Where the purchaser is in possession of the estate without having paid his purchase-money, the vendor is generally entitled to call upon him to pay it into Court. This subject is fully dealt with in the fourth edition of Fry on Specific Performance, at pp. 613 et seq.; and the following statement of the principles upon which the Court acts under such circumstances is taken from those pages :Section 7.

Section 7

Payment of purchase-money into Court.

(p) Gregory v. Wilson, (1852) 9 Ha. 683 ; Nunn v. Truscott, (1819) 3 D. G. & S. 301; Lewis v. Bond, (1853) 18 Beav. 85 ; and see Rogers v. Tudor, (18G0) 6 Jur. N. S. 692, and cases there cited.

(q) Tarn v. Coombs, (1857) 3 Sm. & G. 449; (1857) 1 D. & J. 34 ; Lillie v. Legh, (1858) 3D. & J. 204 ; Bankin v. Lay, (1860) 2 D. F. & J. 65; Bogen v. Tudor, sup.; Pogntz v. Fortune,(1859)

27 Beav. 393; Morley v. Clavering, (I860) 29 Beav. at p. 87. As to the lessee not beiug liable for breaches committed between the date of the lease and the time of its execution, see Shaw v. Kay, (1847) 1 Ex. 412 ; 17 L. J. Ex. 17 ; Jervis v. Tomkinson, (1856) 1 II. & N. at p. 206 ; 26 L. J. Ex. 41.

(r) See Sainter v. Ferguson, (1849) 1 M. & G. 286; Orme y. Broughton, (1831) 10 Bing. 633, 538.

Where the purchaser is in possession, and the vendor has disclosed such a title as he ought to accept, the vendor's right to payment in is clear. The same rule applies where the purchaser in possession admits a good title, though he may claim the right to object to it, on the ground of its not having been approved by counsel (s).

On the other hand, it is a general rule that, where it is through the laches of the vendor that the title remains incomplete, the Court will refuse an application for the payment of the purchase-money into Court (t).

But where the want of a good title being shown is not from the default of the vendor, and the purchaser has not prejudiced the value of the property by his dealings with it when in possession, the Court, it seems, will put the purchaser to elect whether he will pay in his purchase-money or give up possession (u).

Where the contract allows possession to be taken before the completion of the title, the Court will not generally order the purchase-money to be paid into Court on the ground of possession (x) ; unless the purchaser in possession commits acts of ownership occasioning the deterioration of the property (y).

In a case where, according to the bill, there was a parol agreement for sale at 80/. per acre, with possession given of five acres, but, according to the answer, only of three acres, a motion that the purchaser should pay in the purchasemoney for the five acres, or else for the three acres, was refused (z).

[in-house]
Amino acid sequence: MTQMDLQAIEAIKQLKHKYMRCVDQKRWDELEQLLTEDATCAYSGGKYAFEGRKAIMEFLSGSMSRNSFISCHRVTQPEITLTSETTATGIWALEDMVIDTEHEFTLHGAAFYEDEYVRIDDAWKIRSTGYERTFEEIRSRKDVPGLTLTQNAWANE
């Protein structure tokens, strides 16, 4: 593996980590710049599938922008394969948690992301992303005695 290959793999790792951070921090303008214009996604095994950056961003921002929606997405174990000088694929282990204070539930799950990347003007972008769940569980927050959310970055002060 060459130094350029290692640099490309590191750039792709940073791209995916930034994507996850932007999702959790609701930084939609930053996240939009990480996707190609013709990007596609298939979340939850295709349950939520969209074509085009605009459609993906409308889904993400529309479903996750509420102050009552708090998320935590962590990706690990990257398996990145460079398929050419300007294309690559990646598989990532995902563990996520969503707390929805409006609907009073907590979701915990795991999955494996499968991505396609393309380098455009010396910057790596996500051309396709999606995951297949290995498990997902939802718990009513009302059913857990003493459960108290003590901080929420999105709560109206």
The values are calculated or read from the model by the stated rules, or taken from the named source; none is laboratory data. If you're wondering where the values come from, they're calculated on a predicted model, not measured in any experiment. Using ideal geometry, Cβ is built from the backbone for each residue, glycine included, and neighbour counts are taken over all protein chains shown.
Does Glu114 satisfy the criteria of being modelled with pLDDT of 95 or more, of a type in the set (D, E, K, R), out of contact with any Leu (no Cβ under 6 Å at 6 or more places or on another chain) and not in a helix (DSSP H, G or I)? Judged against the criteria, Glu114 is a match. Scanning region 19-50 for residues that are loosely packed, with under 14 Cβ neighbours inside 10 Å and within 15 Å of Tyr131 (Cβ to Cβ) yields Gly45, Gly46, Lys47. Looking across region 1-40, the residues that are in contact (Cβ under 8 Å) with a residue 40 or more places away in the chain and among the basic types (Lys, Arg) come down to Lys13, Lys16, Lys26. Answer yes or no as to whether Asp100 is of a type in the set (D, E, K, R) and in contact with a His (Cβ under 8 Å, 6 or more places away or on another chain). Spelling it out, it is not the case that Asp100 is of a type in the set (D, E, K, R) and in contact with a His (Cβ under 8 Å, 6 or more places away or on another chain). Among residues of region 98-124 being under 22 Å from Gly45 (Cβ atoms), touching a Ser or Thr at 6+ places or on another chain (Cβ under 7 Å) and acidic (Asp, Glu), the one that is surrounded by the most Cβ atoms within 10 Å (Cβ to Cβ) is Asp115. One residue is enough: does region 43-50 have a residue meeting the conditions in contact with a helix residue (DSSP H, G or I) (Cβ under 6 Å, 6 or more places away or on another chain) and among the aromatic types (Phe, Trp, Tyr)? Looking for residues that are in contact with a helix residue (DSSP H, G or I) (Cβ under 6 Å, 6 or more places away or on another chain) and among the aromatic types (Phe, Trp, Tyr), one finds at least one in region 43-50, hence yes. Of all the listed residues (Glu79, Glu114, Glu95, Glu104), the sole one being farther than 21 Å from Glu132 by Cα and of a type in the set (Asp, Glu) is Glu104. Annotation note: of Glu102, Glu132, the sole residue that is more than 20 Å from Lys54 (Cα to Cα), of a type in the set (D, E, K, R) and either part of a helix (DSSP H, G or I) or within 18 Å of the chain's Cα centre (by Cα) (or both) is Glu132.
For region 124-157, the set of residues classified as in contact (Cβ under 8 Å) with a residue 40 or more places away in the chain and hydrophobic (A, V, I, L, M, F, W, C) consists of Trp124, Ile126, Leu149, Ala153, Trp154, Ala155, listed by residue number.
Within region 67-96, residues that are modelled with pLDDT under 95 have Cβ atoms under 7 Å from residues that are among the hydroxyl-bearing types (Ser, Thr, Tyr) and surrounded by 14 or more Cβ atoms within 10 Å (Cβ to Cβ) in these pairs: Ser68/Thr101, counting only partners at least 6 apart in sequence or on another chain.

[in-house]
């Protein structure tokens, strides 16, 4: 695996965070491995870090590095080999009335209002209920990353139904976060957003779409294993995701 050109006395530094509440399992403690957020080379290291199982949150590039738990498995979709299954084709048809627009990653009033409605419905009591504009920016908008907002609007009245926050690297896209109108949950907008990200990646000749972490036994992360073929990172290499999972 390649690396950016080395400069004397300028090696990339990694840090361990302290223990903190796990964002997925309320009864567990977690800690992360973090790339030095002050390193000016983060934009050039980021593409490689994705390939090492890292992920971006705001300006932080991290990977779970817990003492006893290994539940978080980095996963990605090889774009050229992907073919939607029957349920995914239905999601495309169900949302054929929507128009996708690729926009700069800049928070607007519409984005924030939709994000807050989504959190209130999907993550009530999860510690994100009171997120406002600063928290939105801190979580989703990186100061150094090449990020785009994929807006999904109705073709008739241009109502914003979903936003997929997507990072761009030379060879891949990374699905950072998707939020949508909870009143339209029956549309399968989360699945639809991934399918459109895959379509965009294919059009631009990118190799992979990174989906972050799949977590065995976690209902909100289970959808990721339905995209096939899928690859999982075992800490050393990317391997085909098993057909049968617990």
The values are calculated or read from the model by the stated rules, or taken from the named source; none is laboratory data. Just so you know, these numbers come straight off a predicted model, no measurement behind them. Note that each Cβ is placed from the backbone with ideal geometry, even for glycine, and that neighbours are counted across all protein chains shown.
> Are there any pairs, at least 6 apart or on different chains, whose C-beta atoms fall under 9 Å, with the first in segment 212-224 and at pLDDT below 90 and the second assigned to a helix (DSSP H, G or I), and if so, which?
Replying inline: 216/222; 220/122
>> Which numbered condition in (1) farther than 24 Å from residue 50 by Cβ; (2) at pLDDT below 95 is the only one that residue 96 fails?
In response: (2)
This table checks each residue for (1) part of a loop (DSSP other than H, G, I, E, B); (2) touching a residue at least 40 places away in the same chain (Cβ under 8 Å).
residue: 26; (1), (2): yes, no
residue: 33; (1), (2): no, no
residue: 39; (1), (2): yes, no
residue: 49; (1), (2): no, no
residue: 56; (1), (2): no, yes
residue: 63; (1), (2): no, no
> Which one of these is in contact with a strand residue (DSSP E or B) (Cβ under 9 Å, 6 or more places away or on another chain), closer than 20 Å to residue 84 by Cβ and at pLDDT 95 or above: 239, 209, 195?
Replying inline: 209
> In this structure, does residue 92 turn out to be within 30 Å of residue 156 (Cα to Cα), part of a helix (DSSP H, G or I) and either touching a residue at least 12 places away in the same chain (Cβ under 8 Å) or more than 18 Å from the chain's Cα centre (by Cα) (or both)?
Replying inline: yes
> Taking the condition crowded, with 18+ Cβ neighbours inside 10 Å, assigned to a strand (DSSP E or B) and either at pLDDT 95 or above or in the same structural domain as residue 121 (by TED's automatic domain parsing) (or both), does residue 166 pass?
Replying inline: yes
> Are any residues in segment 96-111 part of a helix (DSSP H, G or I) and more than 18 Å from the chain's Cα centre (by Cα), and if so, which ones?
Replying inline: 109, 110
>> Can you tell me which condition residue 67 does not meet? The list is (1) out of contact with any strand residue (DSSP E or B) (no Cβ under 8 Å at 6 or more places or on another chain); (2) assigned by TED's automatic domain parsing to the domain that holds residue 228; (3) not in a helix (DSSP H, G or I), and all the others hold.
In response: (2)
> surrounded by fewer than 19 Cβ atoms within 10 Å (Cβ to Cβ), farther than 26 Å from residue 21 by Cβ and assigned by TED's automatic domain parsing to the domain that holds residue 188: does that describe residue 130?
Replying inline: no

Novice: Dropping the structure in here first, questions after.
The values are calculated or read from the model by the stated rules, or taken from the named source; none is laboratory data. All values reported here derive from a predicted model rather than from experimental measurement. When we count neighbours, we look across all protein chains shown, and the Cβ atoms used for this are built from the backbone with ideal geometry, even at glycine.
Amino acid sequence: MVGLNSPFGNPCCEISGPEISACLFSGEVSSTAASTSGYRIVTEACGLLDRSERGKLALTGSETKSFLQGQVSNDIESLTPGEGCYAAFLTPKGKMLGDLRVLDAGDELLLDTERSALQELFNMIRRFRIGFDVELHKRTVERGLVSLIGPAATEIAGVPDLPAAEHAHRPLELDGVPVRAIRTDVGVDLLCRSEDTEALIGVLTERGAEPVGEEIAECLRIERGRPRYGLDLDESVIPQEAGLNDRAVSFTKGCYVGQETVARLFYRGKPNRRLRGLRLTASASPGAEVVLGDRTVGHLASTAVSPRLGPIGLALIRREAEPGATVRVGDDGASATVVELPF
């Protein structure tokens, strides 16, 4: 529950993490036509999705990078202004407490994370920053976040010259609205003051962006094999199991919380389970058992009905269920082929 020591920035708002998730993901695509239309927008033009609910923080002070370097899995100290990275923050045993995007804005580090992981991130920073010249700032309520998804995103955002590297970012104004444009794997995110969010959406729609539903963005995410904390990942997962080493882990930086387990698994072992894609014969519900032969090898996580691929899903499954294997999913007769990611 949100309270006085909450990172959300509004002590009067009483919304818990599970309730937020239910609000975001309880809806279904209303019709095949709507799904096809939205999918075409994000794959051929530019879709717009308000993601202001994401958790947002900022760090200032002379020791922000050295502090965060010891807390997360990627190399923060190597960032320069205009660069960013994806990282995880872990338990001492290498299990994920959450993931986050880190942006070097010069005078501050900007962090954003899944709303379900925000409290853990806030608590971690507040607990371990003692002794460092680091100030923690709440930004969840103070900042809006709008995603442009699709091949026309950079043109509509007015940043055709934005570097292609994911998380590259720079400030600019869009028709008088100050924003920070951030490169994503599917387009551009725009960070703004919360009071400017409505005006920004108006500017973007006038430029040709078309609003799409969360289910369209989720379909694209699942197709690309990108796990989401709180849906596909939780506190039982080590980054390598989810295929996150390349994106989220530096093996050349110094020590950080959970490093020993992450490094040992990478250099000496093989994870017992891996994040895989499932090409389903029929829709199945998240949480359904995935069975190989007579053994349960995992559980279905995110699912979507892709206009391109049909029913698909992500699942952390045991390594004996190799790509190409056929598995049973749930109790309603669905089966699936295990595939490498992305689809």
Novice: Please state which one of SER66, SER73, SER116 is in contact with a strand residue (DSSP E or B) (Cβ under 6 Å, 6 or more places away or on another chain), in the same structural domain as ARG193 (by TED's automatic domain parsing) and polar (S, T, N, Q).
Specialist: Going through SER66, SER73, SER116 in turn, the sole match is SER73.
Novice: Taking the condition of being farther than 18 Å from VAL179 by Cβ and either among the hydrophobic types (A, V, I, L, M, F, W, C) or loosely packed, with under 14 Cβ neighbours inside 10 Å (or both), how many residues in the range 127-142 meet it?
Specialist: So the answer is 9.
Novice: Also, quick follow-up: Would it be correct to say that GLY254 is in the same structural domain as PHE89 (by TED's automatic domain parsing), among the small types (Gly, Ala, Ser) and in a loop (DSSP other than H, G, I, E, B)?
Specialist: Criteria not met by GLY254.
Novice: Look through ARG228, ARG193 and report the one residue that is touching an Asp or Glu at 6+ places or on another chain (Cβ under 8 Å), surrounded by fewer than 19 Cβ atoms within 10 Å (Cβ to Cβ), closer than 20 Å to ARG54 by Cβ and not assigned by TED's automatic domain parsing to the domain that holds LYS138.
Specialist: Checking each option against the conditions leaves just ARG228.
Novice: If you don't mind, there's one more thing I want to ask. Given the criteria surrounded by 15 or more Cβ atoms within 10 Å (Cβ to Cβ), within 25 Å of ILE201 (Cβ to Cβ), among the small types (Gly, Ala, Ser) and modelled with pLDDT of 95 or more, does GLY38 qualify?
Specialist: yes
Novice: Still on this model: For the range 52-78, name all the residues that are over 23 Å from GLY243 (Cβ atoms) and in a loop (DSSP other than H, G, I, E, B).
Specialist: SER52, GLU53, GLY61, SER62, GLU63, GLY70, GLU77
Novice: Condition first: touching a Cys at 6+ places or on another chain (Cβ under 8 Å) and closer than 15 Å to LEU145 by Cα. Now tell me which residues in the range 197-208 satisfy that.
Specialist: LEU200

Quantity of land taken when uncertain, no order made.

(s) Crutchley v. Jerningham, (1816) 2 Mer. 502.

(t) Fox v. Birch, (1815) 1 Mer. 105.

(u) Younge v.Duncombe, (1832) You. 275 ; Tindal v. Cobham, (1833) 2 My. & K. 385 ; 4 L. J. Ch. 98.

(x) Morgan v. Shaw, (1816) 2 Mer. 138 ; Gell v. Watson, (1818) 3 Mad. 225.

(y) Pope v. G. E. R. Co., (1867) L. R. 3 Eq. 171 ; 36 L. J. Ch. 60; Greenwood v. Turner, 1891, 2 Ch. 114; 60 L.J. Ch. 357.

In another case, where there was a sort of mixed possession, the great proportion of it being in the purchaser, hut the vendor not being entirely out of possession; and part of the purchase-money was paid, but the purchaser was in a state of insolvency, and admitted his intention to convey the estate to trustees for the benefit of his creditors, the Court appointed a receiver (a).

Under special circumstances, receiver appointed.

In one case, where a railway company, by agreement with the landowner, entered into possession, and constructed part of their line over the property, but made default in payment of a bond which they had given for the purchase-money, the Court of Appeal refused, on interlocutory motion, to restrain the company from continuing in possession until the purchase-money was paid ; but intimated that the landowner might be entitled to have a receiver appointed, or the purchase-money paid into Court (b). In a later case, the Court, in ordering payment of the purchase-money into Court by the railway company, gave leave to the landowner, in the event of its not being so paid, to apply for an injunction, or for the appointment of a receiver (c) ; and it appears to be now well settled that the vendor of land to a railway company has all the remedies of an ordinary vendor for enforcing his lien for unpaid purchase-money, even though the line may have been opened for public traffic (d) ; but until the lien is enforced by sale, the Court will not, as a rule, restrain the company from running trains over the land (e). Where, however, an attempt to sell has proved abortive (f), or the Court is convinced that the land is either unsaleable or will not realize the sum owing from the company (g), an order will be made for payment by the company into Court, and, in default of such payment, an injunction will be granted to restrain the company from running trains over the land, and from continuing in possession. The lien does not extend to the landowner's costs of the arbitration by which the price was ascertained (h).

Where a railway company has entered into possession before payment of the purchase-money.

(z) Benson v. Glastonbury Canal Co., (1837) 1 Ccop. t. Cott. 350.

(a) Hall v. Jenkinsen, (1813) 2 Ves. & B. 126, 126; Cook v. Andreas, 1897, 1 Ch.266 ; 66 L. J. Ch. 137.

(b) Pell v. Northampton, etc. S. Co., (1806) 2 Ch. 100 ; 3G L. J. Ch. 319. See, too, Munns v. Isle of Wight R. Co , (1870) 5 Ch. 414 ; 39 L. J. Ch. 522 ; Lycett v. Stafford and Uttoxeter R. Co., (1872) 13 Eq. 261 : 41 L. J.

Ch. 474 ; and see Latimer v. Aylesbury R. Co., (1878) 9 Ch. D. 385, where on the motion the appointment of a receiver was also refused.

(v) Bishop of Winchester v. Mid-Hants R. Co., (18G7) 5 Eq. 17; 37 L.J. Ch. 64.